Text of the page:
Luxor was a mix of the resort life and the tourist life.  We were staying at a very nice family friendly place with several pools and the two words most important in my traveling life as a parent: “Kids Club”

We took excursions to see ruins and burial plazas built by ancient Egyptians.  The Valleys of the Kings and Queens in particular were fascinating.  For me, the amount of time, energy and ingenuity spent on celebrating the after-life of ancient Egyptians was particularly astounding and I wondered what if that energy and talent had been put towards progress and invention.  Our tour guide conveniently brought us to an alabaster shop where we got free water and the hard sell to buy alabaster souveniors. (we did).


We went on an early morning balloon ride (the same exact balloon company that had a tragic accident several months after we were there)… that morning was pretty comical as we woke up late, hurried, but still made people wait for us at the bus from the hotel, which then made us late to go to the Nile boats filled with Chinese tourists – all of us headed to buses that would take us to the balloon fields for a ride at sunrise (boy they like to do stuff at sunrise in the Middle East).  On the boats at 5:45 AM there was coffee and individually wrapped Twinkies with Arabic writing (but Hostess graphics)


All told in Egypt, we went on the following types of transportation:  plane, bus, train, car, tour bus, mini-bus, camel, donkey, cart-pulled-by-donkey, horse, carriage-pulled-by-horse, boat, ferry boat, hot-air balloon.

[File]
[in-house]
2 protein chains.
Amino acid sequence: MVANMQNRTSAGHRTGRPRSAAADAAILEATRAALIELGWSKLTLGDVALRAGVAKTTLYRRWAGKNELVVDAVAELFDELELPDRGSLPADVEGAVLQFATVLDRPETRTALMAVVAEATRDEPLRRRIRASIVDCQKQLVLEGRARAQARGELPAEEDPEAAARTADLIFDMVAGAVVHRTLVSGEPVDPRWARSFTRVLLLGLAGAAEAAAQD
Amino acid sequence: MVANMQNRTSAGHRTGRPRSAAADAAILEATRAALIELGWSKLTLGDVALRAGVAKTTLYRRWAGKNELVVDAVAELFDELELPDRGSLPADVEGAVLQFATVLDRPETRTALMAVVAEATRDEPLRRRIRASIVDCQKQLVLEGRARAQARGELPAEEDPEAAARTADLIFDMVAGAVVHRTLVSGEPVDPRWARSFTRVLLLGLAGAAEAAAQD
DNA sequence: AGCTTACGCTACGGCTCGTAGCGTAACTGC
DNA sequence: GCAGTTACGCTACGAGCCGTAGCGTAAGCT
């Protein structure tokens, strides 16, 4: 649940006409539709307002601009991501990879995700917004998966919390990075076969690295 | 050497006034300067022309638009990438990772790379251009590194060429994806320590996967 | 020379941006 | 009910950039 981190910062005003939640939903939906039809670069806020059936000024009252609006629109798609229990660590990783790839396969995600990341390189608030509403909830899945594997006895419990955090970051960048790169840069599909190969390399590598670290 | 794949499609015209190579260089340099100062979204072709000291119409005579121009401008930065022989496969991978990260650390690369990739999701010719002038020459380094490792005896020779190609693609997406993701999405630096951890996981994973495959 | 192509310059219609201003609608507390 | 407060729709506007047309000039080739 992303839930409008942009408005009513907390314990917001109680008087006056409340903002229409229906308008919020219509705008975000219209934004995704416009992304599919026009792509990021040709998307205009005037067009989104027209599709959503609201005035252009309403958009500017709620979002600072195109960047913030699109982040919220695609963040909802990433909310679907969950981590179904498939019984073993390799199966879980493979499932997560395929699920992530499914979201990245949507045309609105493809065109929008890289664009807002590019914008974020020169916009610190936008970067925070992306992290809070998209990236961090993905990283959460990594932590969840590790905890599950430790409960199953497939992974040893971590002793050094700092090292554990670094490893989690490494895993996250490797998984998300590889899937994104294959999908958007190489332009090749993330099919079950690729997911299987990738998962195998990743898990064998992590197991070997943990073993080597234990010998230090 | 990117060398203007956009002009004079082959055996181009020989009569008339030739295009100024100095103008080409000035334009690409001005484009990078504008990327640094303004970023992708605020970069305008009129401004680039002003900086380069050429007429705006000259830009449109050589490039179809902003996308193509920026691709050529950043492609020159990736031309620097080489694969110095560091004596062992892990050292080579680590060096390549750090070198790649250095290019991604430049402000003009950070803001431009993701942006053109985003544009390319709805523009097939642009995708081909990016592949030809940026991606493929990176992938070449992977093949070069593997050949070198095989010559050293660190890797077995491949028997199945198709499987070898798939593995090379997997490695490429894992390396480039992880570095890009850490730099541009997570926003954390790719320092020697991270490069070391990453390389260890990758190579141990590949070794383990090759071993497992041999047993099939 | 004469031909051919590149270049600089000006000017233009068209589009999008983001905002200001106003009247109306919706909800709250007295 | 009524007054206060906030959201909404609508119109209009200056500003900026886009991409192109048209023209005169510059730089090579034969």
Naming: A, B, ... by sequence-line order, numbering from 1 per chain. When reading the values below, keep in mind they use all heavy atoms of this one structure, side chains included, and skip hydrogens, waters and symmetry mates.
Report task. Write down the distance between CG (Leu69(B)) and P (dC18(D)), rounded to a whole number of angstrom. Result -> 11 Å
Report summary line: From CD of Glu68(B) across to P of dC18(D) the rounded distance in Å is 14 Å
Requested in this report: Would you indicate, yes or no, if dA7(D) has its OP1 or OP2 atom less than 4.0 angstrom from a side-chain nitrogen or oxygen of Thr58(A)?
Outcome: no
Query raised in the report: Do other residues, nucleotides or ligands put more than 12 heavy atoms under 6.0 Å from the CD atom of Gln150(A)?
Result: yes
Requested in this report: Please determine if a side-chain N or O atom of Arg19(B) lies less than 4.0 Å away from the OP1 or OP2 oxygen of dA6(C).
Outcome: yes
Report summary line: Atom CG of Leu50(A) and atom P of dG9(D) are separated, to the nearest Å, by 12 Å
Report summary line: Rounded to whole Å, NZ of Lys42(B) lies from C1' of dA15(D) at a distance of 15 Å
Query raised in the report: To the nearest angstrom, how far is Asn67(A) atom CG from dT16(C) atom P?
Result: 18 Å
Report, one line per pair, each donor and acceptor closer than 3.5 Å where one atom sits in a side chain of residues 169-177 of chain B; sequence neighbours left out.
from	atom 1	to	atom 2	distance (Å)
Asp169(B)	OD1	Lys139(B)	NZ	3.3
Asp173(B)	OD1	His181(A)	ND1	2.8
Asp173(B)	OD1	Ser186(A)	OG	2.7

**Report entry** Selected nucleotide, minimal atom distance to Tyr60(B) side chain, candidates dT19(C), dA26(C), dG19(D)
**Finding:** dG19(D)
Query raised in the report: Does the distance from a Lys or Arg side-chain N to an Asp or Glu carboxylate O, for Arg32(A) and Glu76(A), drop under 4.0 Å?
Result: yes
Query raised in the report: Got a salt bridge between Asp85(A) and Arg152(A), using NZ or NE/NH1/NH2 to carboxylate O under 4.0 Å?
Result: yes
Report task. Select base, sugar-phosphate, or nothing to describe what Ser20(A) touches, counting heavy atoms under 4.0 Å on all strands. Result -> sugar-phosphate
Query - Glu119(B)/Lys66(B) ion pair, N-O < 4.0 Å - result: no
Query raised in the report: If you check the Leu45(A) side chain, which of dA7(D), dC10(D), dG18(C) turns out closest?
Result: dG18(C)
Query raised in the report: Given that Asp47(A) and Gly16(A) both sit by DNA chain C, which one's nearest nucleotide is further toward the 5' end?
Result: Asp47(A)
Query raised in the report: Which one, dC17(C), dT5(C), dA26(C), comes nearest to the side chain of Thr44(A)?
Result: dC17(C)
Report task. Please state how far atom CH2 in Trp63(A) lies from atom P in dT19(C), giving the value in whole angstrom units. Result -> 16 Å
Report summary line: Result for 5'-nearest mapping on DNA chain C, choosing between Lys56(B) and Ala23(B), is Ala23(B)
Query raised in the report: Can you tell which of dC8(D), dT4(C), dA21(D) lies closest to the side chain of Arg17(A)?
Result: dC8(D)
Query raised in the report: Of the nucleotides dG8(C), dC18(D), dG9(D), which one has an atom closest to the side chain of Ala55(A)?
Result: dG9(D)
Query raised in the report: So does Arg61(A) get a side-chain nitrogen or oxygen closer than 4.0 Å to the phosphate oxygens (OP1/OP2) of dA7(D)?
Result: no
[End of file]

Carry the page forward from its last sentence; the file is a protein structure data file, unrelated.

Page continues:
I’m fairly certain that in each of those modes of transportation I was annoyed by errant flies (yes, even inside the airplane).


We went to a gala New Years Eve celebration at our hotel, which was over the top in performances ranging from a Dixieland band made up of Germans to a string of belly dancers to a guy doing amazing things with fabrics to a disco beat.  There was an out of control buffet with lots of food in animal shapes including swans made up of butter pallets.  International buffet and Egypt be damned, we still kept up our streak, which we’ve had since the beginning of parenthood, of falling asleep before midnight New Year’s Eve 2013.


We went back to Cairo for one might before flying back and stayed at a hotel right next to the airport.  We fell asleep shortly after the kids did, but woke up about 11 pm and once again, proving that we are made for each other, Jodi and I both decided going to the hotel’s small basement casino was a good idea at that time.  We were the only ones there.  It was the saddest casino I’ve been to – topping even the Indian Casino in New Mexico that had a $5 MAX bet… I believe that we should be congratulated on donating a couple of hundred dollars to the Egyptian economy that night.